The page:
I was recently asked this question: "I have a 18-55 mm and 75-300 mm lens. I am considering buying a 16-270 mm. Is this a good idea?"
My first instinct is to say no. Between the two zoom lenses you already have, you cover pretty much all of the ground a 16-270mm lens is capable of perusing plus some. Also, as a rule of thumb, a range with a longer lens (ie 16-260mm) is not normally going to produce the same quality as a lens with a shorter zoom range (ie 18-55) or a prime lens.
I would look into lenses that cover ground my current gear doesn't but ultimately, it truly depends on the type of photography you shoot the most. Let me explain.
First, if you're not sure about what the 'mm' on a lens means, see my explanatory article.
What Do You Photograph The Most?
If you shoot portraits, think about some prime lenses. A prime lens is a lens with a fixed focal length, unlike a zoom lens that has a variety of focal lengths built into a single lens. They are less versatile but prime lenses usually allow you to open the aperture up wider (remember, lower numbers equal larger apertures) to help you subjects pop off the background and create some really nice, creamy bokeh. Bokeh is just the fancy technical term for the blurred background behind your subject. My ‘go to’ is an 85mm lens because it gives me enough space that I’m not crowding the people I am photographing, while still allowing me to be close enough to communicate posing instructions.
Here are two great examples of Prime Lenses with wide open apertures: Canon 50mm f/1.4 Prime Lens, Nikon 50mm f/1.4 Prime Lens. Of course, you can purchase lenses with even wider apertures, like this Canon 50mm f/1.2 but it's 10 times the price!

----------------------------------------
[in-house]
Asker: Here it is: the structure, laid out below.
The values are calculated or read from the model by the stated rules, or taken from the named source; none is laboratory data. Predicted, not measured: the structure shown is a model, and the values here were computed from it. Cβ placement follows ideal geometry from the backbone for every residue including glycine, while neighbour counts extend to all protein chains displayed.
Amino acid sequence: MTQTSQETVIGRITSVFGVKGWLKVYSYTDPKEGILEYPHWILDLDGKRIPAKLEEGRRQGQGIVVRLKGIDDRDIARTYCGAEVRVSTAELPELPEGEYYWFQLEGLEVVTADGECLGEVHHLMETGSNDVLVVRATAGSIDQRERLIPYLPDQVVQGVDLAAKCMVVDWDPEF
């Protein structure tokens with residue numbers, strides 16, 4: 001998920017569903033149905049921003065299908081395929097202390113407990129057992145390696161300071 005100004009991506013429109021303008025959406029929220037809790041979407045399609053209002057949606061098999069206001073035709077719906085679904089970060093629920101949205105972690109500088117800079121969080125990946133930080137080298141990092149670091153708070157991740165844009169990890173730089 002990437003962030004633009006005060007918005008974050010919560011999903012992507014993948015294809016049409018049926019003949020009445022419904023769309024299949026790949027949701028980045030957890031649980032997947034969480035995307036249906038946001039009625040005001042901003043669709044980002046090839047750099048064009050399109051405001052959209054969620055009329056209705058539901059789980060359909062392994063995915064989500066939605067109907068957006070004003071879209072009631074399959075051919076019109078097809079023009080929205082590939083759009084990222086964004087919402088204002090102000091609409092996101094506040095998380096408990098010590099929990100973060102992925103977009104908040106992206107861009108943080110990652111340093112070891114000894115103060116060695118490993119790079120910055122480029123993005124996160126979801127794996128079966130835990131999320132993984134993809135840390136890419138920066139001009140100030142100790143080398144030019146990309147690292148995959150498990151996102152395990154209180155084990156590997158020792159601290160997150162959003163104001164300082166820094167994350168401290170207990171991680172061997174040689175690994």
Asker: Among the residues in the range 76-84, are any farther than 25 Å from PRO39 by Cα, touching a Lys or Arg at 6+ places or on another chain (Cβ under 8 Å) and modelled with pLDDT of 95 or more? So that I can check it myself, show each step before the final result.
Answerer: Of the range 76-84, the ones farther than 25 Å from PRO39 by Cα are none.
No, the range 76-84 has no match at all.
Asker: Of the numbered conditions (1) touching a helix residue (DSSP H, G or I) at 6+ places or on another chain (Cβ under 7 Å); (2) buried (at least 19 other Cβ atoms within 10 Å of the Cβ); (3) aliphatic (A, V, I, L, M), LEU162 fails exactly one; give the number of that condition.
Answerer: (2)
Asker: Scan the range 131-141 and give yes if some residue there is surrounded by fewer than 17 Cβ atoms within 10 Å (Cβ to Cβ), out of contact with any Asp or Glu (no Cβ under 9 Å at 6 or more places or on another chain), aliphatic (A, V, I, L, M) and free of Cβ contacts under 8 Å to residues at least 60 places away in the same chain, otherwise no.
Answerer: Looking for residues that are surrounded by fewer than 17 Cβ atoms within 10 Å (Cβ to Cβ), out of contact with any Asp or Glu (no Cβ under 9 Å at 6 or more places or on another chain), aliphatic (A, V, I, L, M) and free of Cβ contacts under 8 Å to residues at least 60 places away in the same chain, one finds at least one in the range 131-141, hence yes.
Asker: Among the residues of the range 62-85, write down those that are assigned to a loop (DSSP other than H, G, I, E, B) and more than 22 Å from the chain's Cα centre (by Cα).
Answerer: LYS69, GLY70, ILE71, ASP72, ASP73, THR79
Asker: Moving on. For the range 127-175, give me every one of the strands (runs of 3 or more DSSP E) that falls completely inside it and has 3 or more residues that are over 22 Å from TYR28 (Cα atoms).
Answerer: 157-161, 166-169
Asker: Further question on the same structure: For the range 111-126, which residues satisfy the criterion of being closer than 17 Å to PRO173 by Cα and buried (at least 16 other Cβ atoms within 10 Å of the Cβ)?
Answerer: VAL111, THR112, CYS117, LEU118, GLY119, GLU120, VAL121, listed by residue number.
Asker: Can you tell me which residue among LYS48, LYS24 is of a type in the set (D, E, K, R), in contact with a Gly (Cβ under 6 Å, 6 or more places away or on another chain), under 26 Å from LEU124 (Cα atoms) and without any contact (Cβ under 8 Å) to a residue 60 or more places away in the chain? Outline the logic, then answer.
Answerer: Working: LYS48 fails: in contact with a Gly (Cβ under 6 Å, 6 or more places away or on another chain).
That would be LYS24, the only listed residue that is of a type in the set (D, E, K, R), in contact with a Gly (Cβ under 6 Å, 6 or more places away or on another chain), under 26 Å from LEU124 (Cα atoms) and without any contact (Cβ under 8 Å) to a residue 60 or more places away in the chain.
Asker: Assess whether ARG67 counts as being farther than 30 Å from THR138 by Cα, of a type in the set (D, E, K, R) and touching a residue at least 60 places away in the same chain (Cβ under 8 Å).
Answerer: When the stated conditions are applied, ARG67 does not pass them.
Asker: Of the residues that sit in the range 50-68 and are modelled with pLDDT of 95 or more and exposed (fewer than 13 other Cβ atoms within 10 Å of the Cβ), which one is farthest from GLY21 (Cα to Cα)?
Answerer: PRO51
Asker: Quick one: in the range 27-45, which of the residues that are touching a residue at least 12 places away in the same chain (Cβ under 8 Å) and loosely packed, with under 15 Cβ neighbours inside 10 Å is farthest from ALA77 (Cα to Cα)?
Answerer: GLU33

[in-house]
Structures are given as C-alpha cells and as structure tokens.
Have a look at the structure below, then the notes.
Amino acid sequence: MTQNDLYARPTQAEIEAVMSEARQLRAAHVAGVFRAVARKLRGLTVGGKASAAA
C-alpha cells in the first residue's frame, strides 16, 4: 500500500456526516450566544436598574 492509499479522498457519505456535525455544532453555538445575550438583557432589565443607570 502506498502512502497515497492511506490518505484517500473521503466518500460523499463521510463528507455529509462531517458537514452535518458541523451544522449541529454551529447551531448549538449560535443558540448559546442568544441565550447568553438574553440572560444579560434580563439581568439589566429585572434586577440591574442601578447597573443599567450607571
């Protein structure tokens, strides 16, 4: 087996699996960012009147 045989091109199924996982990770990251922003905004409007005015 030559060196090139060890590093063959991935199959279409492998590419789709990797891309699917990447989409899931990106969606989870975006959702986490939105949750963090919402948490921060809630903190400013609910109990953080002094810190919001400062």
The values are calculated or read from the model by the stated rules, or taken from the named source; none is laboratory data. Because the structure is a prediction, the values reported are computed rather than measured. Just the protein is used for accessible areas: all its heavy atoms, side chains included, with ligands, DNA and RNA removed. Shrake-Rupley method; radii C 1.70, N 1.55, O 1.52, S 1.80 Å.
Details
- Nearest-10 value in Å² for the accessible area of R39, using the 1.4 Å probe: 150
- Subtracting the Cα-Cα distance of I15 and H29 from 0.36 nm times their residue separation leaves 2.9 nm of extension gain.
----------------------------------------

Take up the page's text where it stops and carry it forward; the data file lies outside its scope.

If you shoot landscapes, start looking into an ultra-wide angle prime lens like a 10mm lens or a short zoom lens, maybe 10-24mm. One of these specialty lenses will allow you to get more in your frame without having to splice together multiple photos and since it’s made specifically for those hard to reach corners, you won’t have to worry about the quality of your final product.
If you primarily photograph wildlife, look into a super telephoto that can extend beyond the reaches of the 75-300mm lens to give you a larger range, like 400mm plus. Those extra millimeters are going to give you the ability to get even closer to wildlife without moving an inch or spooking any animals before you get the perfect shot.
Paying For Quality
That being said, one situation where I believe that 16-270mm lens could be a smart addition to your gear collection is if you are upgrading one of your other lenses or purchasing a better quality lens than the two you already own. When you go into the store and you see two lenses with the same range but with a $1000 price disparity, you are paying for the quality. All lenses are not created equal.
When you upgrade you often get a lens with better internal glass optics which means you will be able to create clearer, better focused pictures with tack sharp lines and details. Upgrading a lens also means better build quality and heftier materials to protect all the important internal mechanisms and glass inside. As a bonus often, the deluxe model has the ability to open the aperture wider and let in more light than the budget version; this makes shooting is difficult lighting situations considerably easier.
Most people think this post is Awesome. What do you think?